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9/22/2017 12:11:25 AM
Posted: 8/1/2005 11:07:47 AM EDT
It seems I haven't been able to fix either my M91/30 or my M38's problems of the bolt sticking after firing most rounds. I know about the dried cosmoline problem, and I have ground out the chambers with solvent and bronze brushes as best as I think could be done. I've looked at the chambers with the light and they seem spotless.

It also seems to be partially an ammo issue, with the worst being czech. But even Wolf sticks most of the time too. Brown Bear so far seems to be the smoothest, but it again sometimes sticks.

Is it a headspace issue? Maybe the shell is expanding ever so slightly and getting stuck in both chambers?

any help or other things I can do would be appreciated.

-mark
Link Posted: 8/1/2005 1:43:57 PM EDT
Try some brass cased ammo.

Dennis Jenkins

quote]Originally Posted By MauserMark:
It seems I haven't been able to fix either my M91/30 or my M38's problems of the bolt sticking after firing most rounds. I know about the dried cosmoline problem, and I have ground out the chambers with solvent and bronze brushes as best as I think could be done. I've looked at the chambers with the light and they seem spotless.

It also seems to be partially an ammo issue, with the worst being czech. But even Wolf sticks most of the time too. Brown Bear so far seems to be the smoothest, but it again sometimes sticks.

Is it a headspace issue? Maybe the shell is expanding ever so slightly and getting stuck in both chambers?

any help or other things I can do would be appreciated.

-mark
Link Posted: 8/1/2005 4:58:06 PM EDT
+1 on try the brass cased ammo.

I like the Albanian myself. My M44s M91/30 and Finn M39 love the brass cased Albanian. I have a whole case of Czech steel hull that I'm just going to use as a last resort.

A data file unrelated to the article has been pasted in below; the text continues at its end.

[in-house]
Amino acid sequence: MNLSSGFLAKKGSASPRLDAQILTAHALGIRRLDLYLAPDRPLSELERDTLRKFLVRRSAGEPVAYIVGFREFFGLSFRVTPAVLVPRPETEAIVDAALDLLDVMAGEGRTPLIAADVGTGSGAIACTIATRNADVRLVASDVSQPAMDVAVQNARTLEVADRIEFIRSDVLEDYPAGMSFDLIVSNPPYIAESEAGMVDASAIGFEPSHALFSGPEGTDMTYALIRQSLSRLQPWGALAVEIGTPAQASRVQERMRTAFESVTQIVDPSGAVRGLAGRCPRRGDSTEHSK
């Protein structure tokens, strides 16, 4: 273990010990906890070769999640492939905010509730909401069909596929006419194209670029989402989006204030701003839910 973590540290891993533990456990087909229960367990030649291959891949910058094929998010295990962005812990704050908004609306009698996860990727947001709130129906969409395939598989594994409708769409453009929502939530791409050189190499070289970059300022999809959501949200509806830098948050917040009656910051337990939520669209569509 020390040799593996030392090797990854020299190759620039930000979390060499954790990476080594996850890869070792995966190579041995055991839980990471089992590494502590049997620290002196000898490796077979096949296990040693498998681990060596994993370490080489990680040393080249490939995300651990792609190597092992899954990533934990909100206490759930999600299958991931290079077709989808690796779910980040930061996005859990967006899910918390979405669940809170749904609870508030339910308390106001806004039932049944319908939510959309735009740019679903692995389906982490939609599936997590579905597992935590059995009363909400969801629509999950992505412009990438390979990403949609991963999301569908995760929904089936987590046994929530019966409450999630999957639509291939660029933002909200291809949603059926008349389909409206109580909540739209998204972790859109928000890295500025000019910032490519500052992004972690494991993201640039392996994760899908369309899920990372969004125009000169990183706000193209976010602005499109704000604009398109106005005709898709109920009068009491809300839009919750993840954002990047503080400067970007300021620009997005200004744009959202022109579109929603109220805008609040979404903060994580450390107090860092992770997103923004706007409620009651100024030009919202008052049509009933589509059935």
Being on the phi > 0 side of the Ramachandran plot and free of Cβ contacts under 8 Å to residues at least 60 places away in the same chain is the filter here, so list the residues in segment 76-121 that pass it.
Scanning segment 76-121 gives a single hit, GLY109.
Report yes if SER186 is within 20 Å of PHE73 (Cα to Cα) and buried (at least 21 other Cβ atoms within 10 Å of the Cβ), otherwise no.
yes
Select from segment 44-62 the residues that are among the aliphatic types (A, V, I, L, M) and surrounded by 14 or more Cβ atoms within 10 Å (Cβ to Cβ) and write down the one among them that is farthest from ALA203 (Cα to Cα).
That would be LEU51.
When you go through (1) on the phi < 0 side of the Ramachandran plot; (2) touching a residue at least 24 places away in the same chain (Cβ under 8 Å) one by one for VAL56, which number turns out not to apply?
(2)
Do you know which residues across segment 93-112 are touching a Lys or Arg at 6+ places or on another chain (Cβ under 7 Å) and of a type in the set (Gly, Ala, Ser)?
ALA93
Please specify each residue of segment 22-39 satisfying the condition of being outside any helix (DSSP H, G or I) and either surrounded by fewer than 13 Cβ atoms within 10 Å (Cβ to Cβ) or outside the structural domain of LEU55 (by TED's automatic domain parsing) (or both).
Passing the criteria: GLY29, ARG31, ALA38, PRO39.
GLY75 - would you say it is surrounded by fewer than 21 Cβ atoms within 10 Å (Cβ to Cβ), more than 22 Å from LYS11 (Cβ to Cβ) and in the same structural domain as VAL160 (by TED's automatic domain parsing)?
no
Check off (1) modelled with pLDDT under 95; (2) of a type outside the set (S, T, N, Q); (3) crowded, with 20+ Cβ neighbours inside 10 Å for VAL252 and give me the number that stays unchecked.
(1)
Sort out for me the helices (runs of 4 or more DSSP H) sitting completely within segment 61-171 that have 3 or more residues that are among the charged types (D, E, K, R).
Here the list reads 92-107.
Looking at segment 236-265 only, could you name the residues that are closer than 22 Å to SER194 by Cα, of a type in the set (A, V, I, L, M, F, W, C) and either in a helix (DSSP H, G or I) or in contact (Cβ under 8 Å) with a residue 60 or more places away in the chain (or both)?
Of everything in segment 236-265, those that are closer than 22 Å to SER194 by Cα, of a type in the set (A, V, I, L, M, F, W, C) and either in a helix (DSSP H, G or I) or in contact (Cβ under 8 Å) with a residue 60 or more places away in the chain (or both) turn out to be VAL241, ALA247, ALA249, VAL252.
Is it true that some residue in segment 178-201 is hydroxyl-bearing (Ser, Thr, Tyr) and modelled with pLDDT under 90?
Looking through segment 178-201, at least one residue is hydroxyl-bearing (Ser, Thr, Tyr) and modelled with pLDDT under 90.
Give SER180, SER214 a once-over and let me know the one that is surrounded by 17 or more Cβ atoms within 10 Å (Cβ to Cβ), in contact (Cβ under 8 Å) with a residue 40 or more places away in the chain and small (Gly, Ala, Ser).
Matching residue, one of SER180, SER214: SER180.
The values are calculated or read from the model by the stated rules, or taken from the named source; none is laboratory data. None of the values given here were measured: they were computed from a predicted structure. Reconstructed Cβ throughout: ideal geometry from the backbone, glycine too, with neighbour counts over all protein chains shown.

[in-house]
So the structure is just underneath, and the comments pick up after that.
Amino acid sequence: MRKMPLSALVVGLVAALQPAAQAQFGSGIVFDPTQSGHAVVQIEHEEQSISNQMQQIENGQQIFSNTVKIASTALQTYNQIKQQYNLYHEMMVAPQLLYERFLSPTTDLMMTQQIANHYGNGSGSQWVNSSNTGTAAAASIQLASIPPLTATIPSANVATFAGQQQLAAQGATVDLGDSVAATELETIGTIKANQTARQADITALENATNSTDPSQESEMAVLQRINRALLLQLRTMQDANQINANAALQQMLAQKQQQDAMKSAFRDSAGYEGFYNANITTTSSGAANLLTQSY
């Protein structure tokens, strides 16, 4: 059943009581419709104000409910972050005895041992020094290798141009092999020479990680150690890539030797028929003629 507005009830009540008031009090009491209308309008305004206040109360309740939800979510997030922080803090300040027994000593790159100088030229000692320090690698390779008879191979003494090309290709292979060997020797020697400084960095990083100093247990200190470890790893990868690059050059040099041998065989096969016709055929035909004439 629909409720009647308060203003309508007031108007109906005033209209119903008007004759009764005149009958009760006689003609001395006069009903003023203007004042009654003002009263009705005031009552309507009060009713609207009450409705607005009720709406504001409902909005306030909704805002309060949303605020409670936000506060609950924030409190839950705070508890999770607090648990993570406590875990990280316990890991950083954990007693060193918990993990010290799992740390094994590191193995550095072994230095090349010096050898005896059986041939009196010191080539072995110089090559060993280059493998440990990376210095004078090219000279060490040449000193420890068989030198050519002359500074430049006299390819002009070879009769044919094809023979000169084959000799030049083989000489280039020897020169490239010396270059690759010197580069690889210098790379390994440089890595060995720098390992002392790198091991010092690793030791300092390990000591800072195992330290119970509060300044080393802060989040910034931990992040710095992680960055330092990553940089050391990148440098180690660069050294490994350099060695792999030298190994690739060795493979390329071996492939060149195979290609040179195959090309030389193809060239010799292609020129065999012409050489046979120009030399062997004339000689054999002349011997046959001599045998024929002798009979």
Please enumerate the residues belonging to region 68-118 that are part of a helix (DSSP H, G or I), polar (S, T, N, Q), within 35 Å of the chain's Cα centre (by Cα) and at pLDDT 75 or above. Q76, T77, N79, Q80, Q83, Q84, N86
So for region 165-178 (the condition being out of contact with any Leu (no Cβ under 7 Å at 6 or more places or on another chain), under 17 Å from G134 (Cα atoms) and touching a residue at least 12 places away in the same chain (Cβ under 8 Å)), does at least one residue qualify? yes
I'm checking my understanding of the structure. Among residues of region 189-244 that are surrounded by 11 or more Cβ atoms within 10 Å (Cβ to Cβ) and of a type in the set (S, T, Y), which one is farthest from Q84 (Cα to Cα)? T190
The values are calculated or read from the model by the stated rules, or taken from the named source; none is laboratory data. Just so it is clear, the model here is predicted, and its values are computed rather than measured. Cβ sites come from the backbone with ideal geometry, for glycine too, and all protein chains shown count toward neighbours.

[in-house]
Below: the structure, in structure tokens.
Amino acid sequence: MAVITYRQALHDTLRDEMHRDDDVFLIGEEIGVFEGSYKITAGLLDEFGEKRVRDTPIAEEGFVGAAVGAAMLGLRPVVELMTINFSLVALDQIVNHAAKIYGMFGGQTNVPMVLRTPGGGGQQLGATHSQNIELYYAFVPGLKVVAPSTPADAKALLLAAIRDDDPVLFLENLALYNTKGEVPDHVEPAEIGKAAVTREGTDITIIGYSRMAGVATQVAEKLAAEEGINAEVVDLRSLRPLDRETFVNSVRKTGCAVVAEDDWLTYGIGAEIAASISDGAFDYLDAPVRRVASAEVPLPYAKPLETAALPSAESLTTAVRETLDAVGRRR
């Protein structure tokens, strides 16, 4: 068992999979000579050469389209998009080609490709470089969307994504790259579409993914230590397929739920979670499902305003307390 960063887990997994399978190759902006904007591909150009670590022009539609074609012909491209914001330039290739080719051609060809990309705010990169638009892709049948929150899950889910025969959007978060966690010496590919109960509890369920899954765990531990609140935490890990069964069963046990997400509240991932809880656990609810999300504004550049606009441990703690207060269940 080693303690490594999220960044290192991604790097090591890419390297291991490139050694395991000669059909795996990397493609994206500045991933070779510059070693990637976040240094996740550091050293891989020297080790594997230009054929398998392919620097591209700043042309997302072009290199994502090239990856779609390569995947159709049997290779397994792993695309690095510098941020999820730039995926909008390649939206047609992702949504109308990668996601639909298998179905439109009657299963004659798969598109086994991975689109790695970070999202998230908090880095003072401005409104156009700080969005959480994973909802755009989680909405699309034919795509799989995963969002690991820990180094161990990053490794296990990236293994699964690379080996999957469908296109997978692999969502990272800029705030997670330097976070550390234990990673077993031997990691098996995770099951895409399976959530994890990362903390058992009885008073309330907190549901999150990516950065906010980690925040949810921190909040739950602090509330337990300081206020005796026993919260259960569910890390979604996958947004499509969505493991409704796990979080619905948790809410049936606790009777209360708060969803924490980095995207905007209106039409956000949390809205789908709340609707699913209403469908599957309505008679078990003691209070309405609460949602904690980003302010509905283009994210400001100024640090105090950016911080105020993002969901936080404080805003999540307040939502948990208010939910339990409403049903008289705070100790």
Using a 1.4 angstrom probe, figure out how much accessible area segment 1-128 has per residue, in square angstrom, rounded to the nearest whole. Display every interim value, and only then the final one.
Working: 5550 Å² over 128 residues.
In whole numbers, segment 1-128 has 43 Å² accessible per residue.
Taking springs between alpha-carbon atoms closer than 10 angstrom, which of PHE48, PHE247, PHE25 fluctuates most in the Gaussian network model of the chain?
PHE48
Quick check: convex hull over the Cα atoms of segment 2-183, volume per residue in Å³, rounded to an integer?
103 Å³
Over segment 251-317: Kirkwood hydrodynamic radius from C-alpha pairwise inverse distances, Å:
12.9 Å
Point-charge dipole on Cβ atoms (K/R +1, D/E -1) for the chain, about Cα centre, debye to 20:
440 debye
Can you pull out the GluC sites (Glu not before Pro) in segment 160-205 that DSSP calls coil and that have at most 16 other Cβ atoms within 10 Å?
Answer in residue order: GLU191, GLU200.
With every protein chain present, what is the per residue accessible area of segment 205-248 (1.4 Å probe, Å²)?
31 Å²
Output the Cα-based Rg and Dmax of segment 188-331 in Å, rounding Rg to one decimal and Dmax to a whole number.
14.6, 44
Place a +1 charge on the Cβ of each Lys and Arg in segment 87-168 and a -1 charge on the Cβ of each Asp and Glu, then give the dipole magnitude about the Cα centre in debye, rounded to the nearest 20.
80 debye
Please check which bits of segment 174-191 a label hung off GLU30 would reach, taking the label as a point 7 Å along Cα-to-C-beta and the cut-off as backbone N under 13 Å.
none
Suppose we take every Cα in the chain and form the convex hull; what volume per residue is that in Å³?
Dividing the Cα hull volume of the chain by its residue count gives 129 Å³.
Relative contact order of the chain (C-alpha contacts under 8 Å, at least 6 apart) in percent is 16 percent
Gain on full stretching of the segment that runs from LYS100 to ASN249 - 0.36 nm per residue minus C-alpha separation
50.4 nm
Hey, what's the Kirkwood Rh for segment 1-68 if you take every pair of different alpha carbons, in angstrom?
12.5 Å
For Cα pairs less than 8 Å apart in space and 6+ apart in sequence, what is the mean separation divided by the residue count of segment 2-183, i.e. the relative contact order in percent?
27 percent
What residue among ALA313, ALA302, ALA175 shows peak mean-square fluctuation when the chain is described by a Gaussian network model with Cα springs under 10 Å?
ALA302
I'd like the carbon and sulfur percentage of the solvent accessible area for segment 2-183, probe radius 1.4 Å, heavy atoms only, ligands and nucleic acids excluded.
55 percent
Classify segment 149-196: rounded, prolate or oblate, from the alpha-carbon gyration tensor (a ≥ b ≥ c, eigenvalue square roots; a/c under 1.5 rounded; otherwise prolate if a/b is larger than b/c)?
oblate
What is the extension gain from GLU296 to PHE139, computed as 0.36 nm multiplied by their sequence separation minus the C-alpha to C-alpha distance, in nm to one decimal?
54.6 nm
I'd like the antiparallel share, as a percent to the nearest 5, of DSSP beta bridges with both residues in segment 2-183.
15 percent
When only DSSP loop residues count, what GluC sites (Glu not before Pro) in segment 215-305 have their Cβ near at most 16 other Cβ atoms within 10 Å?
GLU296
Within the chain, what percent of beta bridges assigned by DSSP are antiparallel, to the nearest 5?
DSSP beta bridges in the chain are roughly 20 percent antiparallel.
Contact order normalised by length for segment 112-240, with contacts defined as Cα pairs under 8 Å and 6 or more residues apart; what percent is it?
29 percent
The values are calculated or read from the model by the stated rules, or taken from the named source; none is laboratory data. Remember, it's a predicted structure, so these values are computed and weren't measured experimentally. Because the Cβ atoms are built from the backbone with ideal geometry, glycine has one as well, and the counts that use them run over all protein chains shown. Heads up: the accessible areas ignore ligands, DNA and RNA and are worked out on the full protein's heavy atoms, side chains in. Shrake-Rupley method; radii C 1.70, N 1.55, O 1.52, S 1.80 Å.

Link Posted: 8/2/2005 8:51:46 AM EDT
just out of curiosity, why would brass cased ammo be better? I use wolf and it sticks just as bad, thought it was mostly a brass case.

-mark
Link Posted: 8/2/2005 11:05:14 AM EDT
How about NOT using lacquered case ammo?

Dennis Jenkins


Originally Posted By MauserMark:
just out of curiosity, why would brass cased ammo be better? I use wolf and it sticks just as bad, thought it was mostly a brass case.

-mark

Link Posted: 8/2/2005 1:38:16 PM EDT
[Last Edit: 8/2/2005 1:38:46 PM EDT by Big-Bore]
These rifles should be checked out by a smith. If bolt lug raceway setback has occured the bolt lugs may have "peened" recesses in the lug locking raceway so that with each shot the lugs get hammered back into the recesses. This causes the handle to be hard to lift or a sticking feeling. If this has happened then those receivers are toast and should only be used for wall hangers as there is no way that I know of that will fix those receivers. Also if this has happened very likely the headspace will be way out.
Link Posted: 8/3/2005 1:44:24 PM EDT
thanks for the tips BBore.

I think I've pretty much given up shooting milsurps anyway, they're just not as fun as an AR15, or SKS/AK.

I only have one that I will shoot the hell out of till I die, my smooth as can be K31 , couldn't be happier with that, now if wolf would just..............
Link Posted: 8/3/2005 3:49:37 PM EDT
Brass is better becasue it is softer and tends to return to it's original shape after firing. The steel cased bullets tend to expand and hold their size thus sticking in the chamber a bit more. Barnaul sticks in the chamber of my '03 Springfield Mark I. I would go out and buy some Sellier and Bellot and see if that sticks. It has brass casings. Of all the milsurp ammo, I have had best results with with Albanian ammo.